Zimbabwe

Zimbabwe: Child Health Days focus on polio vaccinations

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By Tsitsi Singizi

HARARE, Zimbabwe, 28 June 2007 - On cue the mothers clutch their babies and fall in with military precision. Vaccine cold boxes are lined up in the shade alongside them. Within a few minutes, a classroom has been transformed into an outreach immunisation point for Zimbabwe's biannual child health days.

The Child Health Days campaign will reach two million Zimbabwean children this week. All will receive a polio vaccination.

Child Health Days is an intensive campaign with US $1 million spent on vaccines, logistics and staff time. Hundreds of health workers and volunteers have been trained and supported by UNICEF and the Ministry of Health and Child Welfare. Together they will conduct outreach activities, as children are protected from tuberculosis, measles, diphtheria, tetanus, whooping cough, hepatitis B and polio.

The campaign gets underway

Elizabeth Chifuna, the Nursing Sister in charge in the classroom, braces herself for another busy afternoon. Yesterday the team of three immunised more than 3,000 children in eight hours. She wears a steady smile as she addresses the mother in the queue, assuring the few who have misplaced their health cards that they too will be attended to.

It is day three of the Child Health Days Campaign and community mobilisers are chanting the gospel of immunisation. Religious leaders echo the message, encouraging mothers to immunise their children.

Granny Elizabeth Mandaza, who accompanies her grandson Edwin, is a firm believer in the gospel: "I have seen my children suffer the terrible measles. Another walks with a limp because of polio. I know immunisation can save lives and I am happy now that Edwin will be immunized against all these illnesses."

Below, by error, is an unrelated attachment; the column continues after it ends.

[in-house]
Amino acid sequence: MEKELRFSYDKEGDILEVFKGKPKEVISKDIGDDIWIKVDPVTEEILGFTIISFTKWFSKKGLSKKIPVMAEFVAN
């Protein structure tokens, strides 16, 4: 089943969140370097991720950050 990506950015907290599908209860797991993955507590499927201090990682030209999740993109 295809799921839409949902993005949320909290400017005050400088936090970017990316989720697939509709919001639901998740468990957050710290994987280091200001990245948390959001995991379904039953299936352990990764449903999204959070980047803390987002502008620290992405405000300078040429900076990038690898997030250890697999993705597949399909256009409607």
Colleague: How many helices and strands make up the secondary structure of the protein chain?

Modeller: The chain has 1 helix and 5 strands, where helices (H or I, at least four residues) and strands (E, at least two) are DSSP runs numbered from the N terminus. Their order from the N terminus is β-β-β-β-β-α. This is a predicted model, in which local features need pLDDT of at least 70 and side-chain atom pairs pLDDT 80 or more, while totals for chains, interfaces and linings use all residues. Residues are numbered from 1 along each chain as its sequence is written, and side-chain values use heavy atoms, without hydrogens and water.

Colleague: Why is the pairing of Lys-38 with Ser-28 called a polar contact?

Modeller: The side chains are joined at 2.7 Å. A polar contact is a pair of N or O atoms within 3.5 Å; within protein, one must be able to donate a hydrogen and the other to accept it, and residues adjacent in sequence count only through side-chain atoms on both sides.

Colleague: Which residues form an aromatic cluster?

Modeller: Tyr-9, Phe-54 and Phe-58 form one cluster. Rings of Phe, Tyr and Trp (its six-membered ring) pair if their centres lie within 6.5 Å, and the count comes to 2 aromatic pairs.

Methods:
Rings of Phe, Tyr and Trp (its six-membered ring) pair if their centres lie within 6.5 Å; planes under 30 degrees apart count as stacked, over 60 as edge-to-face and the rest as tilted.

Health workers and community volunteers join together

Across the country, the determination of health workers and the immense generosity of the community volunteers in the Child Health Days Campaign is evident at immunisation posts, public health facilities, schools, township centers and churches.

On the other side of town, at Seke District Hospital just outside the capital, Nursing Sister Zuze gives the two drops of the oral polio vaccine to each child. Here the queue also snakes into the yard. "We are being overwhelmed by the response," she says. "We have been starting the vaccination at 7:30 in the morning and finishing at 7:00 pm everyday, but no one is missing out."

The high demand combined with the unflagging responsiveness of the health care workers and volunteers will give Zimbabwe a critical boost in its effort to improve child survival and quell any potential polio threat .

Timing is critical

The Child Health Days come at a critical time, as families are under ever-greater pressure from record high inflation and unemployment. In terms of pencentage, Zimbabwe also has the highest number of orphans in the world.

"This campaign is a critical boost to health services that are under great stress in Zimbabwe," said UNICEF representative in Zimbabwe, Dr. F Kavishe. "The nationwide campaigns are the single most important support towards reducing child illnesses and deaths in Zimbabwe."

Past child health drives have proven the campaign method is highly successful. Recent campaigns have boosted Vitamin A coverage from less than 10 per cent in 2005 to over 80 per cent today. Overall immunisation coverage, which had dropped by almost 50 per cent, has once again reached 70 per cent. The Ministry of Health and Child Welfare has also recorded a decline in measles and malaria cases.

However, there is still more to be done. Zimbabwe must invest in the health delivery system and support those on the ground who, like Sisters Chifuna and Zuze,continue to defy hardships for the children of Zimbabwe.